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PVA support material crackles as it extrudes

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It is not ruined. It is just going to crackle and pop a bit and tend to produce more carbon on the nozzle. It is what it is. But I would not junk the spool. But, if you are using a space heater, it can still absorb moisture from the open air. At least with space heaters I am used to using.


An oven with tight controls or a food dehydrator works best.


But as long as it continues to print and provide support, use it. That stuff is expensive.

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When your PVA has too much moisture, we recommend heating the filament for 2 hours at 45-55 °C. The easiest way to do this is by putting the spools on the heated build plate (for example in a carton box) at the required temperature (45-55 °C). Warning: do not use a household oven. Make sure that the PVA filament has cooled to room temperature before inserting it into the 3D printer.

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There are a bunch of projects to convert cheap food dehydrators to filament dryers. In the US you can buy PrintDry from Matterhackers (the maker is canadian, so if in canada you might be able to get directly from him) — precisely this scenario all setup as a kit for you, but with some custom parts to make it work easy already solved by the kit builder. :) works great with pva and nylon, i have found! Also, i hear it is good for tpu, but never tried. I like this better than platform trip, and second KristelB’s notion of not using home oven. Not just because there is a risk if you bake it too much of fumes (pretty safe up to a high cooking temp, but why experiment there!) but because the accuracy of heat measurement for a home oven is not as predictable as you want — other scenarios are a bit more even to heat them.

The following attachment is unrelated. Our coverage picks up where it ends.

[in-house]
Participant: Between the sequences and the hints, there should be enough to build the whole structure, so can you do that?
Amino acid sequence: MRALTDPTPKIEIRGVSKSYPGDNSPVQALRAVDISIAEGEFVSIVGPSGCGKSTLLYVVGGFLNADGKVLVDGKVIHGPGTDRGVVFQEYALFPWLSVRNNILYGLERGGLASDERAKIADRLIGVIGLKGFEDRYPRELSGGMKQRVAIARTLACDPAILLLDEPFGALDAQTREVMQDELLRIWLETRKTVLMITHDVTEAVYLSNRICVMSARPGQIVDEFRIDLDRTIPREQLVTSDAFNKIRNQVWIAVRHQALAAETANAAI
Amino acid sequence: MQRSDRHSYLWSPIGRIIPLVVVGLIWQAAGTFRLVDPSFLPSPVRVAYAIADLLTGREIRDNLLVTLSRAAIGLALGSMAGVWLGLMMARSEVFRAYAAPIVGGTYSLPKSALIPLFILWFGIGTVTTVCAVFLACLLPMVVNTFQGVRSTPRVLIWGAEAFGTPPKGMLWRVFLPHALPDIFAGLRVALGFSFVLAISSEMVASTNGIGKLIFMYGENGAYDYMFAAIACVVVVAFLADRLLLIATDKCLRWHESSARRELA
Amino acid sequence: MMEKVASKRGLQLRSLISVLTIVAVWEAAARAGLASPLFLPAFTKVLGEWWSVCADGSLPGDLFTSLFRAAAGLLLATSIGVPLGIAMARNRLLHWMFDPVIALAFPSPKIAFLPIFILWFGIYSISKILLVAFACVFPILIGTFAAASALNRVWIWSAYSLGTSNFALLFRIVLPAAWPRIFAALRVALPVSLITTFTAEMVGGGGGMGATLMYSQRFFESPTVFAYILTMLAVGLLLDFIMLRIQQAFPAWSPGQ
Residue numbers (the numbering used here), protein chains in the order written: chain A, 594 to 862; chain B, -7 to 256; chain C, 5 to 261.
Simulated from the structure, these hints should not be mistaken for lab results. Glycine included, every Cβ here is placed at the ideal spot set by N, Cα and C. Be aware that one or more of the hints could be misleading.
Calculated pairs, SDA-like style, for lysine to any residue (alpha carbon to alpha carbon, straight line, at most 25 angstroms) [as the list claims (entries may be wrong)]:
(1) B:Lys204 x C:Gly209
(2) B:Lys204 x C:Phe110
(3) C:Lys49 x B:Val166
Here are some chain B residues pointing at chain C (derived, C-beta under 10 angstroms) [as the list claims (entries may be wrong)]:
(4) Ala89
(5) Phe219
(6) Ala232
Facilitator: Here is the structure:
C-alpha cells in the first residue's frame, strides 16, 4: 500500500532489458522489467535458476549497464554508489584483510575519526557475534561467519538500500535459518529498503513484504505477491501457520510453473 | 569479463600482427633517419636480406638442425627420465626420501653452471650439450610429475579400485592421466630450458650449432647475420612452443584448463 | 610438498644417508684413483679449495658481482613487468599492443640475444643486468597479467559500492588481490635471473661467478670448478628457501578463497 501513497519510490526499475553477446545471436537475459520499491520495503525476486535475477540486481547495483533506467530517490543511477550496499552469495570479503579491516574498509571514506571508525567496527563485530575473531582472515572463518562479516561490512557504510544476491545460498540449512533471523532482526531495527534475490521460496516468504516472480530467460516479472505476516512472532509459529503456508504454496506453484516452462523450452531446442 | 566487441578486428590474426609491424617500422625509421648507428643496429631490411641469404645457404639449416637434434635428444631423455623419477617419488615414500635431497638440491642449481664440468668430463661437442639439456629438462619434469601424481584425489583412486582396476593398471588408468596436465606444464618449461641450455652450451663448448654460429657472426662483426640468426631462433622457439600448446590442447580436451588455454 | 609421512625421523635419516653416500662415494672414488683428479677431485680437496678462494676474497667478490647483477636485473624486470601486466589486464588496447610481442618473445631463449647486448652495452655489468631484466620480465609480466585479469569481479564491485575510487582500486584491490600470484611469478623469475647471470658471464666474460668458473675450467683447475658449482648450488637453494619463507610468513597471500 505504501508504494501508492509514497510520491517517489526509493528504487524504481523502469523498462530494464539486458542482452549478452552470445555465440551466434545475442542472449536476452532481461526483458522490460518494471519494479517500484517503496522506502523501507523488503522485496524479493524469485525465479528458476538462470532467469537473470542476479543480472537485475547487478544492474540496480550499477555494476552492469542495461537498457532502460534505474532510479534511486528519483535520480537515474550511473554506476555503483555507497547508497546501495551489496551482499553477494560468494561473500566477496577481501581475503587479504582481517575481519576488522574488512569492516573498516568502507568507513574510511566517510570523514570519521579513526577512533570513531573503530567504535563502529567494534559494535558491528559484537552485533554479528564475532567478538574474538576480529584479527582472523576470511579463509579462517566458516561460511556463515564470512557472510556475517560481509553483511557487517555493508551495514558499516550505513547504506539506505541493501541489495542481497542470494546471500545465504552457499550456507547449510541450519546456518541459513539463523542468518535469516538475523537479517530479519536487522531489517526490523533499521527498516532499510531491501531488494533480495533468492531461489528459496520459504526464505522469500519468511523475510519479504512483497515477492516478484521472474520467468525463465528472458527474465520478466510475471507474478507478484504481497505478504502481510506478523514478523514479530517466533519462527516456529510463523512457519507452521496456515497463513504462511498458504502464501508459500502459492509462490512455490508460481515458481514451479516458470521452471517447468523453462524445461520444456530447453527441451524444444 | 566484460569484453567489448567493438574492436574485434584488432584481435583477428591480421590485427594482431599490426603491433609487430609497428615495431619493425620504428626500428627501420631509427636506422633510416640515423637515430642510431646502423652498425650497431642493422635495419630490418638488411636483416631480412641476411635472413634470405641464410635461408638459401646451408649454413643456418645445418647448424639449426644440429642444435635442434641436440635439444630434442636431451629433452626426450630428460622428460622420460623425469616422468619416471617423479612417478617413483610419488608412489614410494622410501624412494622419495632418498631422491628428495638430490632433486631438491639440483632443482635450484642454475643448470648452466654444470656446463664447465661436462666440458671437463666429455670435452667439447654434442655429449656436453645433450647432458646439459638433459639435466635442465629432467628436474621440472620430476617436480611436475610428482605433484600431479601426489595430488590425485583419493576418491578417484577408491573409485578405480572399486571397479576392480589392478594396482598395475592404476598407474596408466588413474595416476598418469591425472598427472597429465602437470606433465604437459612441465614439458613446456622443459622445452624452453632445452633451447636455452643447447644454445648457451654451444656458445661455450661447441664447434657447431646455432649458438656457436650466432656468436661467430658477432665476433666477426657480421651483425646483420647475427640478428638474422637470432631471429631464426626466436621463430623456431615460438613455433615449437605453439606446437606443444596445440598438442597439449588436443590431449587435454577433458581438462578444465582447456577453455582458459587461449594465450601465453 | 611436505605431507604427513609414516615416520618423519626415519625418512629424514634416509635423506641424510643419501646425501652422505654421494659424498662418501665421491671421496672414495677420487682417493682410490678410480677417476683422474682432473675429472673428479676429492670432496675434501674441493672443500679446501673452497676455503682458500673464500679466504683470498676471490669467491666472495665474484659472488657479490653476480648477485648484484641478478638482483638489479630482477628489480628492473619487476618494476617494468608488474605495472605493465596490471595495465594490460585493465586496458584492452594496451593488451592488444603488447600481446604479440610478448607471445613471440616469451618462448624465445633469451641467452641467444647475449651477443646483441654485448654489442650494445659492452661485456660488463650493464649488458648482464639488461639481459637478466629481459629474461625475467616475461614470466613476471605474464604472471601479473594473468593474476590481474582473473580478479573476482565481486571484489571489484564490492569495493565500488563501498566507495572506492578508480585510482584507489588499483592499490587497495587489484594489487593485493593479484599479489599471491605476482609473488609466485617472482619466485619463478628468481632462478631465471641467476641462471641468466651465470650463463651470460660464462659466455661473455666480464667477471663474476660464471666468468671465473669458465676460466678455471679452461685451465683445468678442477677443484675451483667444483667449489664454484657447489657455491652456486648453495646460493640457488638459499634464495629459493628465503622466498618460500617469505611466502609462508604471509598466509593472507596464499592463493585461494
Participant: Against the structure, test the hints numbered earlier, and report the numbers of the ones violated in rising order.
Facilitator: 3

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I have the Print Dry  and Polybox. I use the print dry to recharge my desiccant, force dry a print waterlogged from PVA soaking or just rejuvenating the filaments that are not in use for a time and may have absorbed additional moisture, even if sealed up.


It is one of those things where you ahve to put your resources to what you want. You can make your own as @rebekah_harper did and shared on the forum and there are a lot of drybox solutions with great materials. I figured by that time I put in the money, time and filament, I would come out about even so, I went with quicker just so I could keep printing me odd little things.

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2 hours ago, mattgriffin said:

@kmanstudios - what is your luck with the PrintDry for processing waterlogged full spools? That was its intention, though I haven't finished setting mine up to really use it. I hear it is fantastic for nylons.

I would not know about fully water logged spools. I know it does wonders for my PVA and that seems to be the worst of the bunch for taking in moisture. For me it is a multi-purpose dryer. I do like its level of control in temps and such as well as being quiet.

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